This is a reader story by Kimberly Kochanny who lives in North Carolina and is a mom of two young children. She loves to cook, so for work, she does a lot of dishes. She also loves to read cookbooks like they are novels, with endless cups of tea, when her kids go to bed at night. If you’d like to submit your own real food story, you can do so here.
It all started for me when my husband was offered a global deployment opportunity in Scotland. Never mind that I was seven months pregnant and had a two-year-old daughter, I was stir crazy in the thick of life as a stay-at-home mom and said, “sign us up.” Three short months later, we were on a plane for a two-year assignment.
In all of my preparation for leaving, I never really considered the food. The only food related thought that crossed my mind while packing was “I really hate to throw out all my spice jars. Spices are so expensive, but surely I can’t store them for 2 years!” All the spices ended up going to a neighbor.
A Wake-Up Call
We arrived in Scotland with two small children and a dog in tow, and I will never forget the first time I went grocery shopping. I literally bought a few apples, a box of oatmeal, and a bag of flour. I was dazed and confused walking up and down the aisles of the quaint little grocery store in our new neighborhood, and I had a sinking realization that all the food I bought on autopilot every week was gone. I had a moment of panic, and then, after eating oatmeal for dinner, realized I was going to have to get it together if I was going to feed my family for the next two years!
I thought I ate pretty healthy before we moved. I used Earth Balance buttery spread instead of butter, the “natural” JIF peanut butter, and just the regular yellow box of Cheerios (definitely not the Honey Nut). What I didn’t realize was that I was still using all processed foods with a laundry list of ingredients. I had to start over.
Relearning How to Cook and Eat
I checked out cookbooks from the local library, started reading food blogs from places like Denmark, Switzerland, and Australia, and basically realized there is a whole world out there outside the aisles and aisles of American packaged fare that passes as food.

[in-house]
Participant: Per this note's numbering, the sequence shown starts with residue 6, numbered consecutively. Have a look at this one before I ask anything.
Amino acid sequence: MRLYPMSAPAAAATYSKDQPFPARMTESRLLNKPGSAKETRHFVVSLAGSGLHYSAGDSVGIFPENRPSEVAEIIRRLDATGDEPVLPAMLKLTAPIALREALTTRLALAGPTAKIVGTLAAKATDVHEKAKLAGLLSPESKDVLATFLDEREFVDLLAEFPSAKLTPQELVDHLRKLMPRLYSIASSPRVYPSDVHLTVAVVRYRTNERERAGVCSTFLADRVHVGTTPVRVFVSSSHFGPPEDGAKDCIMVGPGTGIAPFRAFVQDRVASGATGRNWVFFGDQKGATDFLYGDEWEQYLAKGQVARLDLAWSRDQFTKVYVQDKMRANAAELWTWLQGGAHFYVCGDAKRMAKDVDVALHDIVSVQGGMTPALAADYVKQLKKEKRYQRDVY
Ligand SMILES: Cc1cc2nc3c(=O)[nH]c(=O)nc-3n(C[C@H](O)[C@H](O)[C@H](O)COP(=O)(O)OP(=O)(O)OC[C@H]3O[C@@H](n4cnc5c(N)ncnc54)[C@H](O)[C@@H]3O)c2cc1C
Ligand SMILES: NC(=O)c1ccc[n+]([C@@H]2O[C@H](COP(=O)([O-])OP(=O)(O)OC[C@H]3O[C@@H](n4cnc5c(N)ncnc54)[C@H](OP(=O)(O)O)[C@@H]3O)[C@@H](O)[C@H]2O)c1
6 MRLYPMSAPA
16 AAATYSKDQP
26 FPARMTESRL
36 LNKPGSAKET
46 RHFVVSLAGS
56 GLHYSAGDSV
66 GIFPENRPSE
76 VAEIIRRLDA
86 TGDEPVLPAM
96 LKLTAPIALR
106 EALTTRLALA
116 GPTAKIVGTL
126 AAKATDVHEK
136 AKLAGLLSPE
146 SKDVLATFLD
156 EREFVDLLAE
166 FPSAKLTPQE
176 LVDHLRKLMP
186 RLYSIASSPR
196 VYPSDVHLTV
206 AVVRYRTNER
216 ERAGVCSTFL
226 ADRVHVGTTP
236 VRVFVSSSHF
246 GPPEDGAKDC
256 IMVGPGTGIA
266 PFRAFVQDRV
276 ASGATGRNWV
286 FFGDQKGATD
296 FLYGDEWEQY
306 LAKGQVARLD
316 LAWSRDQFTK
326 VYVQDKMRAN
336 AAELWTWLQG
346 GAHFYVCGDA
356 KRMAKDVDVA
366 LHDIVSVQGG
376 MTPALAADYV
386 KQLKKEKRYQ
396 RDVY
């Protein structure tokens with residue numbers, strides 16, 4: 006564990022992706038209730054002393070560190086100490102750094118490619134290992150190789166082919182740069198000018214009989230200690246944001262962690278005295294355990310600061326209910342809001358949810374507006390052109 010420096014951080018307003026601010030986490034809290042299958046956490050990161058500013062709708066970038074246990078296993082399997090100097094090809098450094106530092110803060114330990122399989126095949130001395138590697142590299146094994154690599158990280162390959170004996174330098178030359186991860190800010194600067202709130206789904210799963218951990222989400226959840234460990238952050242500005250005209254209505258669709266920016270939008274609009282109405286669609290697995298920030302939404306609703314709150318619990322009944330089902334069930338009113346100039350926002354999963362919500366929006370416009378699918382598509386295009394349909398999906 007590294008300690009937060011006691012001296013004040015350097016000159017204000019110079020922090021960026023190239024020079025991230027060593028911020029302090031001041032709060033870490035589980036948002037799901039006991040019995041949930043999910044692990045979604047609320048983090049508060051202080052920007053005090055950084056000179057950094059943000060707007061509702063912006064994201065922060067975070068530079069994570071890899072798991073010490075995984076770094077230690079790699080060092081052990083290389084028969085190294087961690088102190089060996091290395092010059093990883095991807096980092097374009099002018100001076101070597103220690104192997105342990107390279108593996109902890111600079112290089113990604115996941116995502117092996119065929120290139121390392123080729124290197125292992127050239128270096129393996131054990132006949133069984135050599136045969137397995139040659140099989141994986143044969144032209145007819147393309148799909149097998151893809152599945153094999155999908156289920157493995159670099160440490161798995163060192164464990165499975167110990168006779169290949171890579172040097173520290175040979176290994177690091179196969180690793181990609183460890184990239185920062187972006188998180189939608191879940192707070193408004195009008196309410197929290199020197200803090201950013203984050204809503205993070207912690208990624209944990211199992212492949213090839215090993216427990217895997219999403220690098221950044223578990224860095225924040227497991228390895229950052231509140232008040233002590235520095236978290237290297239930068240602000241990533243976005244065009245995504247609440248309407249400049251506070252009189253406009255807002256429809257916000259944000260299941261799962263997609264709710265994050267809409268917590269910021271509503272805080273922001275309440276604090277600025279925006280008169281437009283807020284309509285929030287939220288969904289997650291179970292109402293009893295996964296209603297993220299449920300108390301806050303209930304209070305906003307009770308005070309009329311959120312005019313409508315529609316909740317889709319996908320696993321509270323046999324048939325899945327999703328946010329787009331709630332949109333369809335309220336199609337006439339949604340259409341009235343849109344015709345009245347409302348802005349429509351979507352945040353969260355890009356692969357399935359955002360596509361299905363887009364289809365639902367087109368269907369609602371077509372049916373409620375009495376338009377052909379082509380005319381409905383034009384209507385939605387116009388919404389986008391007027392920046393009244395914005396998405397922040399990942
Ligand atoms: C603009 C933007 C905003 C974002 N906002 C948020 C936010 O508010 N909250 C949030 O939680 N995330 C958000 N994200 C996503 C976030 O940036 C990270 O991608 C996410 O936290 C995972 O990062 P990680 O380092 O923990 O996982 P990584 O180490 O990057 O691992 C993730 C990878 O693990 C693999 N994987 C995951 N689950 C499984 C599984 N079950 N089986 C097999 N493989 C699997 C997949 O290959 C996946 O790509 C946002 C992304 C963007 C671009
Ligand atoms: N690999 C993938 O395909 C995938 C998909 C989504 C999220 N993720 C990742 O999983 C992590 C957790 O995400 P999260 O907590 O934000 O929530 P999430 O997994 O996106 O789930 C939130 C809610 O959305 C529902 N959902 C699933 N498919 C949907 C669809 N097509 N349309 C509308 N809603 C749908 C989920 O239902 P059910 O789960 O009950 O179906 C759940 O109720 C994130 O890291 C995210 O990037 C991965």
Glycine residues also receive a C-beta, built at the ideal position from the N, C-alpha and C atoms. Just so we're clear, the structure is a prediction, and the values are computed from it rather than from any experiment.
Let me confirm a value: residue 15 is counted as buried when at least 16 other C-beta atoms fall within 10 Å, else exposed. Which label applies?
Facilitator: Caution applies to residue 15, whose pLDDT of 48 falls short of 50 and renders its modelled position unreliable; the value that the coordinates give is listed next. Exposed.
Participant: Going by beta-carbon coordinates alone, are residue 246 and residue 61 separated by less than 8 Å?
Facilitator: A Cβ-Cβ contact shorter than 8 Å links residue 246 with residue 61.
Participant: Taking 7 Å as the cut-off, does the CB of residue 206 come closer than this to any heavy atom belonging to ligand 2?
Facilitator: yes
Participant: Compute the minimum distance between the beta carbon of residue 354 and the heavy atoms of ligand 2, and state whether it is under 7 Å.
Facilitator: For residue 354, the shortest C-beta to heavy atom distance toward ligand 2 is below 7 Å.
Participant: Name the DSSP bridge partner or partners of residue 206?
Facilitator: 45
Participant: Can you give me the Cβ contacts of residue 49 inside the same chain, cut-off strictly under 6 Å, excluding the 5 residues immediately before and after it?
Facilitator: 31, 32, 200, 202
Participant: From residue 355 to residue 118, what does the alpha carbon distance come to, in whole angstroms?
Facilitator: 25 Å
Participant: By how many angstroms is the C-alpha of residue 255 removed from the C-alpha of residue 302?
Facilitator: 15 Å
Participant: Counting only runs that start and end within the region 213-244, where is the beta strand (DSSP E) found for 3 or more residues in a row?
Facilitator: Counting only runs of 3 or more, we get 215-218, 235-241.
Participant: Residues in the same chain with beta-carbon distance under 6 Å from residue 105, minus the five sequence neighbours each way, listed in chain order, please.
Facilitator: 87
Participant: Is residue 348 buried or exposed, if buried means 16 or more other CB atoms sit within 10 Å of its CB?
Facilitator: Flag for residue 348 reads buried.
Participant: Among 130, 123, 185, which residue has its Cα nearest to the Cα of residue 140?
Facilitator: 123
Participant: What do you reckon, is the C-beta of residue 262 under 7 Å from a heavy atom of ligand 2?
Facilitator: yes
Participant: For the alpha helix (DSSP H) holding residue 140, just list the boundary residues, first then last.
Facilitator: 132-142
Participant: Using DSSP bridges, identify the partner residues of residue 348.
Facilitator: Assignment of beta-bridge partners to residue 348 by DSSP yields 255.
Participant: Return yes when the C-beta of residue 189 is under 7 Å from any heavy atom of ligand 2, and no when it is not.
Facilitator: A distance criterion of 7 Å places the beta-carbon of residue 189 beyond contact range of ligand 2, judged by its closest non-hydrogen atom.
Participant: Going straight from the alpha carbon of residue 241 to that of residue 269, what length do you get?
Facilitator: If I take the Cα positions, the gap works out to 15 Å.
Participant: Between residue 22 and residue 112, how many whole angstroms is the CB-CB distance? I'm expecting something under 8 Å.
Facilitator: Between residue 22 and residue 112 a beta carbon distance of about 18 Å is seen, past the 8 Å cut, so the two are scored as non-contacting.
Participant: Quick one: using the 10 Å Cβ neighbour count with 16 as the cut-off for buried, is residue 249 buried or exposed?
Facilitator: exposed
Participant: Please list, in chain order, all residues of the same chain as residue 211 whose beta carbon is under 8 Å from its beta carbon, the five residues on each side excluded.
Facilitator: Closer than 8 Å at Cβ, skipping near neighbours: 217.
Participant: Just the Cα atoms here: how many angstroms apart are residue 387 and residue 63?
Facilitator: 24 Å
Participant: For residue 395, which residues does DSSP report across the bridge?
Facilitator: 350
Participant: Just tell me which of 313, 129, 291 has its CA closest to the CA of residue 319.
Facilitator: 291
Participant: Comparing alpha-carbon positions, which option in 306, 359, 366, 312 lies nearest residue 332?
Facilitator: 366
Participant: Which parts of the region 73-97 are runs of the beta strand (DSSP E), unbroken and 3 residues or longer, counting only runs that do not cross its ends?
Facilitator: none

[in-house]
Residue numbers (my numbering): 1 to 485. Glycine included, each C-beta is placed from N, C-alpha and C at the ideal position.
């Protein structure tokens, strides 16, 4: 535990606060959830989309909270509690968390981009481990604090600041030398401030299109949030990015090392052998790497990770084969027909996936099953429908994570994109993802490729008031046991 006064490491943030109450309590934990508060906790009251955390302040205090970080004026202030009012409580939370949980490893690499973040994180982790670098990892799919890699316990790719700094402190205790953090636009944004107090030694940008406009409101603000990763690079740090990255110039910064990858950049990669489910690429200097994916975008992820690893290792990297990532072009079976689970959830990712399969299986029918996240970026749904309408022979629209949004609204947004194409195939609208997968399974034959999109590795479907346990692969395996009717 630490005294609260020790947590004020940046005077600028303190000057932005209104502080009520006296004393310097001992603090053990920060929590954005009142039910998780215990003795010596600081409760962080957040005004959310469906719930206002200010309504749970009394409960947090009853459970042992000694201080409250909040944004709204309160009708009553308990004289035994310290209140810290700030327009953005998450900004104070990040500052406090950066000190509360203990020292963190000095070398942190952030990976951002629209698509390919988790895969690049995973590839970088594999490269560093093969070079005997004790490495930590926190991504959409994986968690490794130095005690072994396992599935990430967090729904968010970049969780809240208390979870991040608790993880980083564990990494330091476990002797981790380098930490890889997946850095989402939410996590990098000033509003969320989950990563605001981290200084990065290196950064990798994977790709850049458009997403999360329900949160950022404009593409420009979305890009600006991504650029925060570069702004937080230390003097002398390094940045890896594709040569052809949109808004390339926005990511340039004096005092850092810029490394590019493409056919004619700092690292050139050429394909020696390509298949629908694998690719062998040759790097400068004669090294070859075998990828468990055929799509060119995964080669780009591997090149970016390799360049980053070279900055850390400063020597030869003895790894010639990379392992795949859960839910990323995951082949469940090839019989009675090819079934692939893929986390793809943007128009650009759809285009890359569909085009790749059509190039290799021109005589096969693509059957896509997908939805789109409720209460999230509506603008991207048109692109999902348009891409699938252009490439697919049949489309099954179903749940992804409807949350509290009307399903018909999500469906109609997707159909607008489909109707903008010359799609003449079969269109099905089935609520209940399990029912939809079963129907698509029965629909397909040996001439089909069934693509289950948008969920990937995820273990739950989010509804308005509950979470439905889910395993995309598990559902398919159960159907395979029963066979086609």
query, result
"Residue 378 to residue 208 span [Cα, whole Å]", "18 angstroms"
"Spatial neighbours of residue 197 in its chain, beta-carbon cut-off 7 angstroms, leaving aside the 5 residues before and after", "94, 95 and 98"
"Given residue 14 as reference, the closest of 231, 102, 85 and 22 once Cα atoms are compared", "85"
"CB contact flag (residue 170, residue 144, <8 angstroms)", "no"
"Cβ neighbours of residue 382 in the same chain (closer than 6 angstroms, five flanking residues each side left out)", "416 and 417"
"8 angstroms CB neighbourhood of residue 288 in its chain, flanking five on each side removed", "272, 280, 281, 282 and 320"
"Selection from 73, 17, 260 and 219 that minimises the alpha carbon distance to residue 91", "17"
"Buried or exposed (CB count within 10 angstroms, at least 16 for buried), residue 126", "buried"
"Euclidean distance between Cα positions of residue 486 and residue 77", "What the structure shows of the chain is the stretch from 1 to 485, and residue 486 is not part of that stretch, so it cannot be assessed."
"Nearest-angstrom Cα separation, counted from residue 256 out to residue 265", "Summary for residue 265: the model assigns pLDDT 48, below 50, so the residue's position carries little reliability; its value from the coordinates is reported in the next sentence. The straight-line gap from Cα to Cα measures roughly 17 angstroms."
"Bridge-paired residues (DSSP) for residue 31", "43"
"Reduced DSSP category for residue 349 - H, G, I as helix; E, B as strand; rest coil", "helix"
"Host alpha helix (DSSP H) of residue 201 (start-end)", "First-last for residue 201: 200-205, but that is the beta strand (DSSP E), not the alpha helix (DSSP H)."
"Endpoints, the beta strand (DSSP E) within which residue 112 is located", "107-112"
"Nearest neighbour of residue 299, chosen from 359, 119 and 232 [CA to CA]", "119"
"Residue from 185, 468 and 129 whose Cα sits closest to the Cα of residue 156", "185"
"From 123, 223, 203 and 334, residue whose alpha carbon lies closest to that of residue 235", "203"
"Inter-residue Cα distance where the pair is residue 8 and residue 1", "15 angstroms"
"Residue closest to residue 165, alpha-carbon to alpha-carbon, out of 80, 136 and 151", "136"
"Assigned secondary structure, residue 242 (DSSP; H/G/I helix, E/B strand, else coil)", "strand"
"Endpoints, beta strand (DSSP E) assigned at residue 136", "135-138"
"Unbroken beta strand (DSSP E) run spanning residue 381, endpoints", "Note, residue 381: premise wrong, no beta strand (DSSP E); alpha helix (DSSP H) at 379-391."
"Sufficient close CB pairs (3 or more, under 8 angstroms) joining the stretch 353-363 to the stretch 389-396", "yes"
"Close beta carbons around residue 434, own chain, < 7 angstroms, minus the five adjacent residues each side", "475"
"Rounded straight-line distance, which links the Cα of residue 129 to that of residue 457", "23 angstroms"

I signed up for a local CSA and learned that the Scots can survive those cold, dark, rainy days because they grow and eat a ton of hearty root vegetables. I had to reinvent all my favorites from scratch because I was in a country where some of my usual ingredients couldn’t even be found.
Instead of Cheerios, I made homemade granola with rolled barley and oat flakes from the corner health food shop. Instead of Earth Balance, real butter from the farmer’s market took its place. My high-speed blender found a permanent spot on my countertop for homemade almond butter, sauces, and soups. And I was on a first-name basis with the owner of the artisan rye bread bakery.
Long Term Change
I saw a lot of memorable things during my time in Scotland, but I will always, always appreciate the way it opened my eyes to food and how much more we need to pay attention. I have been back in the states now for a year, and I have continued to think about each and every item I am putting in my cart, always reading the ingredient labels and understanding where that food came from. I actually bought a box of yellow Cheerios on one of my first grocery shopping trips back in the states just because I thought I’d missed them. But the funny thing is, they sat in the pantry for so long they grew stale, and I tossed them out.